LUMBERTON — Three months after the Robeson County Animal Shelter re-opened after a deadly distemper outbreak forced a nearly three-month closure, the number of animals euthanized has barely decreased and adoption rates remain less than half of what they were before the outbreak began, according to statistics compiled by Robeson County Health Director Bill Smith.
But the adoption coordinator there believes that adoptions will be picking up soon.
During the months of March, April and May, 1,035 animals were euthanized in efforts to contain the outbreak that only about 6 percent of dogs survived, according to the statistics. Sixty-nine animals, mostly cats that cannot contract the disease, were adopted or rescued, and 30 pets were reclaimed by their owners.
The shelter reopened on May 23 after being closed since Feb. 29. In June and July combined, 1,001 dogs and cats were euthanized, 152 animals were adopted or rescued and 35 pets were reclaimed by their owners — an average survival rate of 16.5 percent for dogs and 9.5 percent for cats. August statistics were not available for this story.
Smith says that adoption rates at the shelter have been affected by the departure of several rescue groups, which followed former employees Lori Baxter and Sara Hatchell to their new jobs at shelters in neighboring counties.
“It’s much the same as any employee who leaves an employer, they sometimes take customers with them,” Smith said. “… Somebody else gained, and we lost.”
Hatchell, the former adoption coordinator for the pound, resigned on March 27 after accepting a position as the director of the Scotland County Humane Society. Baxter, the former shelter director, left her position on March 30. She was named the interim director for the Sampson County Animal Shelter on June 22.
In January, before the outbreak began, 120 dogs and seven cats were adopted, 238 dogs and eight cats were rescued, and 97 dogs and 63 cats were euthanized for a survival rate of 79 percent for dogs and 28 percent for cats. In February, 126 dogs and 12 cats were adopted, 79 dogs and one cat was rescued, and 89 dogs and three cats were euthanized for a survival rate of 70 percent for dogs and 82 percent for cats.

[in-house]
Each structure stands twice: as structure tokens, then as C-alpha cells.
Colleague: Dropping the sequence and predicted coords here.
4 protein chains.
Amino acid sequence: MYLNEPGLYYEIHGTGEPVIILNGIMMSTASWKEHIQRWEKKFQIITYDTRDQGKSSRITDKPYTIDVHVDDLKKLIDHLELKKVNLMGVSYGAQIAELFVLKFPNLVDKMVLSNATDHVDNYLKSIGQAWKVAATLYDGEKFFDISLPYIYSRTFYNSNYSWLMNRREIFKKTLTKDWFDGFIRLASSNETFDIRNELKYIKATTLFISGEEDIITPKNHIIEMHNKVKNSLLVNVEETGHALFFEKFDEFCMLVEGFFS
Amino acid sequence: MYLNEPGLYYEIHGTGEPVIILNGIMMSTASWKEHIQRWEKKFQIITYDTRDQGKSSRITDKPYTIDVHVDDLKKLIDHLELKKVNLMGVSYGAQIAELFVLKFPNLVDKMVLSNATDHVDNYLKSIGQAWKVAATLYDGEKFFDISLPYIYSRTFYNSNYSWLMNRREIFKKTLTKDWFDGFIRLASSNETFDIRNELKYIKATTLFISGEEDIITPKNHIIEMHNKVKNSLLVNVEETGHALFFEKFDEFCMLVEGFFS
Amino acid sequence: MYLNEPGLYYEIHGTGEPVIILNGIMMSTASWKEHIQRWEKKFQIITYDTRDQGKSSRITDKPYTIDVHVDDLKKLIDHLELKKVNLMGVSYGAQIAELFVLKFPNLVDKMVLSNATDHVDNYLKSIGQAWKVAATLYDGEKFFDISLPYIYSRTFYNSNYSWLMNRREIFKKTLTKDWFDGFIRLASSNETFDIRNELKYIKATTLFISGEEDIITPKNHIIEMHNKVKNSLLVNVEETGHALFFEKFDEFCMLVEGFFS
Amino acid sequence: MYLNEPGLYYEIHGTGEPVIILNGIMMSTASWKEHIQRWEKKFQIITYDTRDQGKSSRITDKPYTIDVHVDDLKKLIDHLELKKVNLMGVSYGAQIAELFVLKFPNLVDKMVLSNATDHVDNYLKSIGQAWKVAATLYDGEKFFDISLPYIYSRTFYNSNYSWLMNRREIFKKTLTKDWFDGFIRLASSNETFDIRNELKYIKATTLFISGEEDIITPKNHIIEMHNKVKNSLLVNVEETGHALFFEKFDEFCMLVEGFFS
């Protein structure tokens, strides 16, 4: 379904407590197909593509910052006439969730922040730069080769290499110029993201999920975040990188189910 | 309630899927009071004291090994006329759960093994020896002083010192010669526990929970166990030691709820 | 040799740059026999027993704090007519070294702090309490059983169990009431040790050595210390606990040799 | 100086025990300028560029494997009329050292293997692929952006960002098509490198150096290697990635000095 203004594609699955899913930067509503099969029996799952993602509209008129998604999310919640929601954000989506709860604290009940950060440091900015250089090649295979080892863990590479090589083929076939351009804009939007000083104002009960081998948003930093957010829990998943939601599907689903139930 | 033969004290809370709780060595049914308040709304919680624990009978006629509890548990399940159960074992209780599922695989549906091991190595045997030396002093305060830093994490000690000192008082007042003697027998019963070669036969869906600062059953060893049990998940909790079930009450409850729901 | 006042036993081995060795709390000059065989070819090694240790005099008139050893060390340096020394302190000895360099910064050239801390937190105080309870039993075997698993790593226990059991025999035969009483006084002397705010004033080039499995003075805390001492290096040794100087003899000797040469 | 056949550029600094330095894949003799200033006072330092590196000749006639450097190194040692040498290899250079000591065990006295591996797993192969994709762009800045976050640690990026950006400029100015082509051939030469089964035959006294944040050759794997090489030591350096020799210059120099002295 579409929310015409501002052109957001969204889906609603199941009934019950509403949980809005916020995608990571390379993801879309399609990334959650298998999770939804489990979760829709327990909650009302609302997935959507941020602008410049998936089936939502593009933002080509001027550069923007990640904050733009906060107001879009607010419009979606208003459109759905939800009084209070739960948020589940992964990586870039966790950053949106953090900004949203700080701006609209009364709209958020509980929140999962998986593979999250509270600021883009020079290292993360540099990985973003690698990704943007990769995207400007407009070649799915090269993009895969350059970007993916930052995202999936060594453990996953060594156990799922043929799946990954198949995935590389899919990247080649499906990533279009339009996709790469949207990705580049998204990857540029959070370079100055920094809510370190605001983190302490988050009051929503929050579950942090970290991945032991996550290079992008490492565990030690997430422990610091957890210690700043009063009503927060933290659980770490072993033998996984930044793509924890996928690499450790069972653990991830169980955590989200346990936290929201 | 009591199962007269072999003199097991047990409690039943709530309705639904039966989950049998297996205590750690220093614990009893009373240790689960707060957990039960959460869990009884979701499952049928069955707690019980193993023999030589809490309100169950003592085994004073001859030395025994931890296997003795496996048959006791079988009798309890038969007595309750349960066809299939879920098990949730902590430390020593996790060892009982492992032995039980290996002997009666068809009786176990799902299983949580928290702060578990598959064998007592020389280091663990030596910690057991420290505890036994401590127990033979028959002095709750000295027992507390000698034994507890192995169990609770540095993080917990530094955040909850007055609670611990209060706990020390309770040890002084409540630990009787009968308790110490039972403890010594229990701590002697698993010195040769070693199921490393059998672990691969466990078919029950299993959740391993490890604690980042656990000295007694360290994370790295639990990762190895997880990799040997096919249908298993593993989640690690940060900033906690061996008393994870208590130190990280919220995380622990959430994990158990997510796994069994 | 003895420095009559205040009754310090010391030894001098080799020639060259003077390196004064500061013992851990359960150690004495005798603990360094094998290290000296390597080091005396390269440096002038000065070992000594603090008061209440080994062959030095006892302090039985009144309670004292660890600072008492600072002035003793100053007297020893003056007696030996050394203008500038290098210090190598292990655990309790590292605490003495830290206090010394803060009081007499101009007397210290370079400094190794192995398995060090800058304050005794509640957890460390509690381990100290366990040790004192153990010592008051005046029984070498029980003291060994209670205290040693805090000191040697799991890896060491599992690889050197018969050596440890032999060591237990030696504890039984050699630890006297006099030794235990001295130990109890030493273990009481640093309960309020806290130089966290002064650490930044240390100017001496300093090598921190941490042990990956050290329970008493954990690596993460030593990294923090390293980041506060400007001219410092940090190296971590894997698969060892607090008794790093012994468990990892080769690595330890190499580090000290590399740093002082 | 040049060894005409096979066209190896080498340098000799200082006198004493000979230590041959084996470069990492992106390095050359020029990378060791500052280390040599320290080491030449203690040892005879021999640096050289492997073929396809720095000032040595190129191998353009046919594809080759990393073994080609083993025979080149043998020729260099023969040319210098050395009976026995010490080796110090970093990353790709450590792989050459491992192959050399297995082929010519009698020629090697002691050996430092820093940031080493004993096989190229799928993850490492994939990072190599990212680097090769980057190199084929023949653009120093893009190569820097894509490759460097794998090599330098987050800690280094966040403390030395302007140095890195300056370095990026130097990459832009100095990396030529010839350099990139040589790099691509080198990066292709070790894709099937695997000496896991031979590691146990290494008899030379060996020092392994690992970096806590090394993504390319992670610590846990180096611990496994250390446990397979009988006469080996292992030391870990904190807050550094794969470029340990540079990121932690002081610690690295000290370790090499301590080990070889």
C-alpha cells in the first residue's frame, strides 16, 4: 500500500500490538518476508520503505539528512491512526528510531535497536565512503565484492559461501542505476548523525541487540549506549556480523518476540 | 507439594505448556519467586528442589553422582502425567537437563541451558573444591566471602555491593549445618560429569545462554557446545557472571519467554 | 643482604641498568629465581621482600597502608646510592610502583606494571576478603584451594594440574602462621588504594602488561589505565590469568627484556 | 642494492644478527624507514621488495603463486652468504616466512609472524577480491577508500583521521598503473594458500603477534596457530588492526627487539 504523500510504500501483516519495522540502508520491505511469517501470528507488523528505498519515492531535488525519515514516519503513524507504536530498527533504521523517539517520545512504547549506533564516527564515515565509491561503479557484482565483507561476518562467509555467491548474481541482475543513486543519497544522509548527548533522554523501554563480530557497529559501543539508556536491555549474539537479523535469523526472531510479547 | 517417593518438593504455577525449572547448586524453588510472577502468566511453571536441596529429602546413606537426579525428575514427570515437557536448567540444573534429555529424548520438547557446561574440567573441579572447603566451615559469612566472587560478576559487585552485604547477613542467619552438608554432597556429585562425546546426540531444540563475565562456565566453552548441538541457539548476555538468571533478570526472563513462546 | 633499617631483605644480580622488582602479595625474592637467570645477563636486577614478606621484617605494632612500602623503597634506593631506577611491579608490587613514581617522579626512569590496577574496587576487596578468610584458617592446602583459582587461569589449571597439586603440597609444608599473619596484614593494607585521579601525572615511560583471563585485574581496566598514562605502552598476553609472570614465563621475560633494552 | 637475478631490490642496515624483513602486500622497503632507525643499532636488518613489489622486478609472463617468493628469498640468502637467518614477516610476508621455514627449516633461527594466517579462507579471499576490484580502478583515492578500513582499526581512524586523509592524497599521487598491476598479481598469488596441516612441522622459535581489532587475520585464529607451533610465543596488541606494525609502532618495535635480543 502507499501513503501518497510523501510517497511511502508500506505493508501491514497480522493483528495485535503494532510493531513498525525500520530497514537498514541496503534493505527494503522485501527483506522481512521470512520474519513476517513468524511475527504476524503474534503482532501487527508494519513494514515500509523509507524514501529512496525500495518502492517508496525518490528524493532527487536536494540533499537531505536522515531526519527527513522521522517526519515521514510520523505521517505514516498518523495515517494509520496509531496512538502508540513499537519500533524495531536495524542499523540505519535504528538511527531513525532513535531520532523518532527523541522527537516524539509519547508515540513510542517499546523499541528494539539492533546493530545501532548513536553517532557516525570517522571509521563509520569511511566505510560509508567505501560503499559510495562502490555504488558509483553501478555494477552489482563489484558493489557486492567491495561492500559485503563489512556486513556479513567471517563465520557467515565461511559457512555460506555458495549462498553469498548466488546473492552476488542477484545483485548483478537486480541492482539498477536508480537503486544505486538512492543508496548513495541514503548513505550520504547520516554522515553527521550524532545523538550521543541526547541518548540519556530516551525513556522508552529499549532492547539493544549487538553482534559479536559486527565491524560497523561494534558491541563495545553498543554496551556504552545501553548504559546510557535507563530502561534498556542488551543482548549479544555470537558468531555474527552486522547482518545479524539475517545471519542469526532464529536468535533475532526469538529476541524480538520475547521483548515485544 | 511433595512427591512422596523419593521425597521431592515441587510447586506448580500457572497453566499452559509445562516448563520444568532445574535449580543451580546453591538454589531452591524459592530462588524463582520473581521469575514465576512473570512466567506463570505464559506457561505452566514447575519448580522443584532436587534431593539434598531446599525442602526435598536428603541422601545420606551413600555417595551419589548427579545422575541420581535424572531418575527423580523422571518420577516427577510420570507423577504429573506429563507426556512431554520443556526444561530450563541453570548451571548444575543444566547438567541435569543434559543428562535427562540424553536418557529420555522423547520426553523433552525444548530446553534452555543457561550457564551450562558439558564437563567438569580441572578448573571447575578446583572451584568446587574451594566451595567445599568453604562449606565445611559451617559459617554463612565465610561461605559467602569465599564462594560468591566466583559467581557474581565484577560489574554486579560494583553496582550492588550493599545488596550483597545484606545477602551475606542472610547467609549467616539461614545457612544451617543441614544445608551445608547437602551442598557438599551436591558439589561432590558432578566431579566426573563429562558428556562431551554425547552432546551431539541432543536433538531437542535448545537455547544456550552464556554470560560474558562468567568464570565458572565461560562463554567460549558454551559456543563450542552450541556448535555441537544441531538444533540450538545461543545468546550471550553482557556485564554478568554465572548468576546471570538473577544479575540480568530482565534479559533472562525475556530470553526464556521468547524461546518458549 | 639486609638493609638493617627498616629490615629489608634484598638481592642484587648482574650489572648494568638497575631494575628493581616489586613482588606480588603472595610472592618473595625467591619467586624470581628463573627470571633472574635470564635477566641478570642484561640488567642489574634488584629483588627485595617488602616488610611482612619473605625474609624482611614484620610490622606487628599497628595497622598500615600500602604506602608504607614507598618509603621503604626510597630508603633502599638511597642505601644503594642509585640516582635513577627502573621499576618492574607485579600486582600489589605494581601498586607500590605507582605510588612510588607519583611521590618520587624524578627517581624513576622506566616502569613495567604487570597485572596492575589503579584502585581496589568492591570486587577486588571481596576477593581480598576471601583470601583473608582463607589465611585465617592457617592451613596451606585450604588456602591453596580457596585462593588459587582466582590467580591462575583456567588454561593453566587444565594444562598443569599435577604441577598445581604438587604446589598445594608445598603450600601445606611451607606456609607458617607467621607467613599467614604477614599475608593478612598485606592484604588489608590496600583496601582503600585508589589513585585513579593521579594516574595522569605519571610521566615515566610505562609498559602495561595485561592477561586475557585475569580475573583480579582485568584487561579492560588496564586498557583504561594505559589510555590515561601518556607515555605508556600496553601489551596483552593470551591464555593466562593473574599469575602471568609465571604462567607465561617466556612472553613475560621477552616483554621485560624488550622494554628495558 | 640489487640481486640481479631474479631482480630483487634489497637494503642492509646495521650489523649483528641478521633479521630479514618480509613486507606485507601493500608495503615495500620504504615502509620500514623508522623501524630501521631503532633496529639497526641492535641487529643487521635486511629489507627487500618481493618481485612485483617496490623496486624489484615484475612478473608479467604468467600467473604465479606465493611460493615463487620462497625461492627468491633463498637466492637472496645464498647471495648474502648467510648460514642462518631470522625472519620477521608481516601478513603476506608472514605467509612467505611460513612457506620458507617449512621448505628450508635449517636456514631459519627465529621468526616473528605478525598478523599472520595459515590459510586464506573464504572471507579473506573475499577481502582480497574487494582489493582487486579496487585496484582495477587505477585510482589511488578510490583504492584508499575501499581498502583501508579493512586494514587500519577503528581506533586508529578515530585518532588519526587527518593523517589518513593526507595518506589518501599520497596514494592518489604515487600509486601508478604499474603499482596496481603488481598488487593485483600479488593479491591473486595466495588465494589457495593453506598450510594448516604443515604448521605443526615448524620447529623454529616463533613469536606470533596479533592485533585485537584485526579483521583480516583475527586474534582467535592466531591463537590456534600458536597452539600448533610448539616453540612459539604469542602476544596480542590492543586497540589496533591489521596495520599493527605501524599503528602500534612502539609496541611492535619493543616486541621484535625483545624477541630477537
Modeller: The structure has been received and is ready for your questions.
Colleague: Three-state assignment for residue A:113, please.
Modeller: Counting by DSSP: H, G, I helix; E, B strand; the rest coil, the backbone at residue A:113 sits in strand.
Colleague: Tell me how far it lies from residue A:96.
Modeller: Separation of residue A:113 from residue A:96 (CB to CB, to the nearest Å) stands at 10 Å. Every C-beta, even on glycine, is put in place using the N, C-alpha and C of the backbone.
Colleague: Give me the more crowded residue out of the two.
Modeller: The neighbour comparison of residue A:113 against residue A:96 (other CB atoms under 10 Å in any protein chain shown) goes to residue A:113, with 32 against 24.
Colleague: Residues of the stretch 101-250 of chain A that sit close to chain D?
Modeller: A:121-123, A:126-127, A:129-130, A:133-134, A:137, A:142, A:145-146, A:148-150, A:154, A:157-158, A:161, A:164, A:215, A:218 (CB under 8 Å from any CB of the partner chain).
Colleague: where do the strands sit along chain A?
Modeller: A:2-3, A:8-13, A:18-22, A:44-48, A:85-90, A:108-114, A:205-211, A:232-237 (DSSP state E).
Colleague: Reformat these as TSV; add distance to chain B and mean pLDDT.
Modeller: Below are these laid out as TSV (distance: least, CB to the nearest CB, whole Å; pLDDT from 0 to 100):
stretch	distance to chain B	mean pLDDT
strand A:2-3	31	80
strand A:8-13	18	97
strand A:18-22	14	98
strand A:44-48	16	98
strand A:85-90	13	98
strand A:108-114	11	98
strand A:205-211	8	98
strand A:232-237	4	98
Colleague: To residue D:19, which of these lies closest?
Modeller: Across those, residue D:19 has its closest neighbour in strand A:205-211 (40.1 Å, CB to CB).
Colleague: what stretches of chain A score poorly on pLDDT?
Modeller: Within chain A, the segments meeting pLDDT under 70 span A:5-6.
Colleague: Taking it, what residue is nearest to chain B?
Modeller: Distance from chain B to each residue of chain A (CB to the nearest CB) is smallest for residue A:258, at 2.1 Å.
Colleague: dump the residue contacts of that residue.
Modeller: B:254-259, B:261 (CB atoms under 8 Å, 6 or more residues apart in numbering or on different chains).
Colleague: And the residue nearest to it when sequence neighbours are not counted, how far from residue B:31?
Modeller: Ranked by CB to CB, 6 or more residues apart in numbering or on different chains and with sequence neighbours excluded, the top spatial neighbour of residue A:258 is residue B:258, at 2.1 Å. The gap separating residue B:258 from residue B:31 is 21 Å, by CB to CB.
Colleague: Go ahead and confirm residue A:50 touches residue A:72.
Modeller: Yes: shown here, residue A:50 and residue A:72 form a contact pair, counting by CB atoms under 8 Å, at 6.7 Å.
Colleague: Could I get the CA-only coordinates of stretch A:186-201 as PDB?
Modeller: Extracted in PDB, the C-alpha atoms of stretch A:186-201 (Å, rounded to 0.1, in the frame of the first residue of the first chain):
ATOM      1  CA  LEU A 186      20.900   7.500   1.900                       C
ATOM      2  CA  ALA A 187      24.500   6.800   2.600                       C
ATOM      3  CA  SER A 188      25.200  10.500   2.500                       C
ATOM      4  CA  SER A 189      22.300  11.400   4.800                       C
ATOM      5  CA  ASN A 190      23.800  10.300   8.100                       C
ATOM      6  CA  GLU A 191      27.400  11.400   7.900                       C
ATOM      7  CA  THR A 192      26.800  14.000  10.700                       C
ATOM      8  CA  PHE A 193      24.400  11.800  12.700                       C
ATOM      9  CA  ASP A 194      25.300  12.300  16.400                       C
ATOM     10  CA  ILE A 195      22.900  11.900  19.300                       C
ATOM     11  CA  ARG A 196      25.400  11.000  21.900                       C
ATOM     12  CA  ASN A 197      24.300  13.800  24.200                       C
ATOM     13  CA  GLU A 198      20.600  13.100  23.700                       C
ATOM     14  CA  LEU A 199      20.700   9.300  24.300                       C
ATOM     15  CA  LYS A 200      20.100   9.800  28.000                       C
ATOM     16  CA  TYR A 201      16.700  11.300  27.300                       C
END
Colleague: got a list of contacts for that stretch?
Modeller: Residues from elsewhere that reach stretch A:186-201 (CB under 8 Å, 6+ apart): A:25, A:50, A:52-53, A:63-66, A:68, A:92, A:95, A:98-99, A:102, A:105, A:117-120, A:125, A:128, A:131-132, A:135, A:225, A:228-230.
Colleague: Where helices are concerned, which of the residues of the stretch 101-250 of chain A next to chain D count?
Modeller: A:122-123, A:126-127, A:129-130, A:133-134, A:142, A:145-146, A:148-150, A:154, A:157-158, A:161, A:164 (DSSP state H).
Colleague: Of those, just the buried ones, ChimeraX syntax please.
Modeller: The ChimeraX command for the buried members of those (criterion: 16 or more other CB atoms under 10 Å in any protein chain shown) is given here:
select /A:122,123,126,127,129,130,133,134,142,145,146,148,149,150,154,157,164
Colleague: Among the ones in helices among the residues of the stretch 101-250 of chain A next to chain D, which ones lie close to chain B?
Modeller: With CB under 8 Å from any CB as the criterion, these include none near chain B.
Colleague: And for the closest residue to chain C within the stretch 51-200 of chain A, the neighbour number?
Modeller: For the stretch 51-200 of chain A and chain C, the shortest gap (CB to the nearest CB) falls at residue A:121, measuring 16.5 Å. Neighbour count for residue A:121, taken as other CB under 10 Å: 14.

“We did lose some of our bigger pullers,” said shelter adoption coordinator Wanda Strickland of rescue groups that work with the shelter. “But we’ve got so many that have stepped back up, and we are working with new ones. Just about every day we’re getting contact from a group we’ve never used.”
Brian Lashley, interim shelter director, says the shelter currently works with about 20 rescue groups that regularly visit the shelter. Strickland said these include New Leash, Claws and Paws and Collie Rescue of the Carolinas.
“It’s great to see them coming back, because at one point they were sort of scared off by the distemper outbreak,” Strickland said. “They understand now that we’re clean and everything’s good, so they’re coming back.”
Smith said that many animal rescue groups come from northern areas of the country, where spaying and neutering campaigns have been so successful that there is a shortage of animals for adoption.
‘There is some criticism because some people say that we’re just moving our problem to them,” he said. “They’ve had their spay and neuter efforts longer than we have. Until ours has an appreciable effect I’d say that they’re correct.”
Lashley says he believes that local residents will also begin making more trips to the shelter to adopt, and continue to make donations of supplies.
“There’s been donations of puppy food, dog food, cat food and toys coming in and helping us out,” Lashley said. “As bad as the economy is, we’re doing pretty good.”
Smith has yet to hire Baxter’s replacement, and says that there has been “little interest” in the position — a fact he blames partly on the “constant scrutiny” of the shelter by the media.
“It’s not a relaxing environment,” he said.
Smith said that the large volume of shelter animals is due largely to poor treatment by county residents of their animals, many of whom don’t have permanent homes.
“They’re not owned by anybody, they just stay with people,” he said. “They’re not vaccinated against rabies, they’re not spayed and neutered.”
“People up north that I’ve spoken with find it amazing that in this part of the country, people still do not see spaying and neutering as the thing to do,” Strickland said. “It’s catching on, but we still have a ways to go.”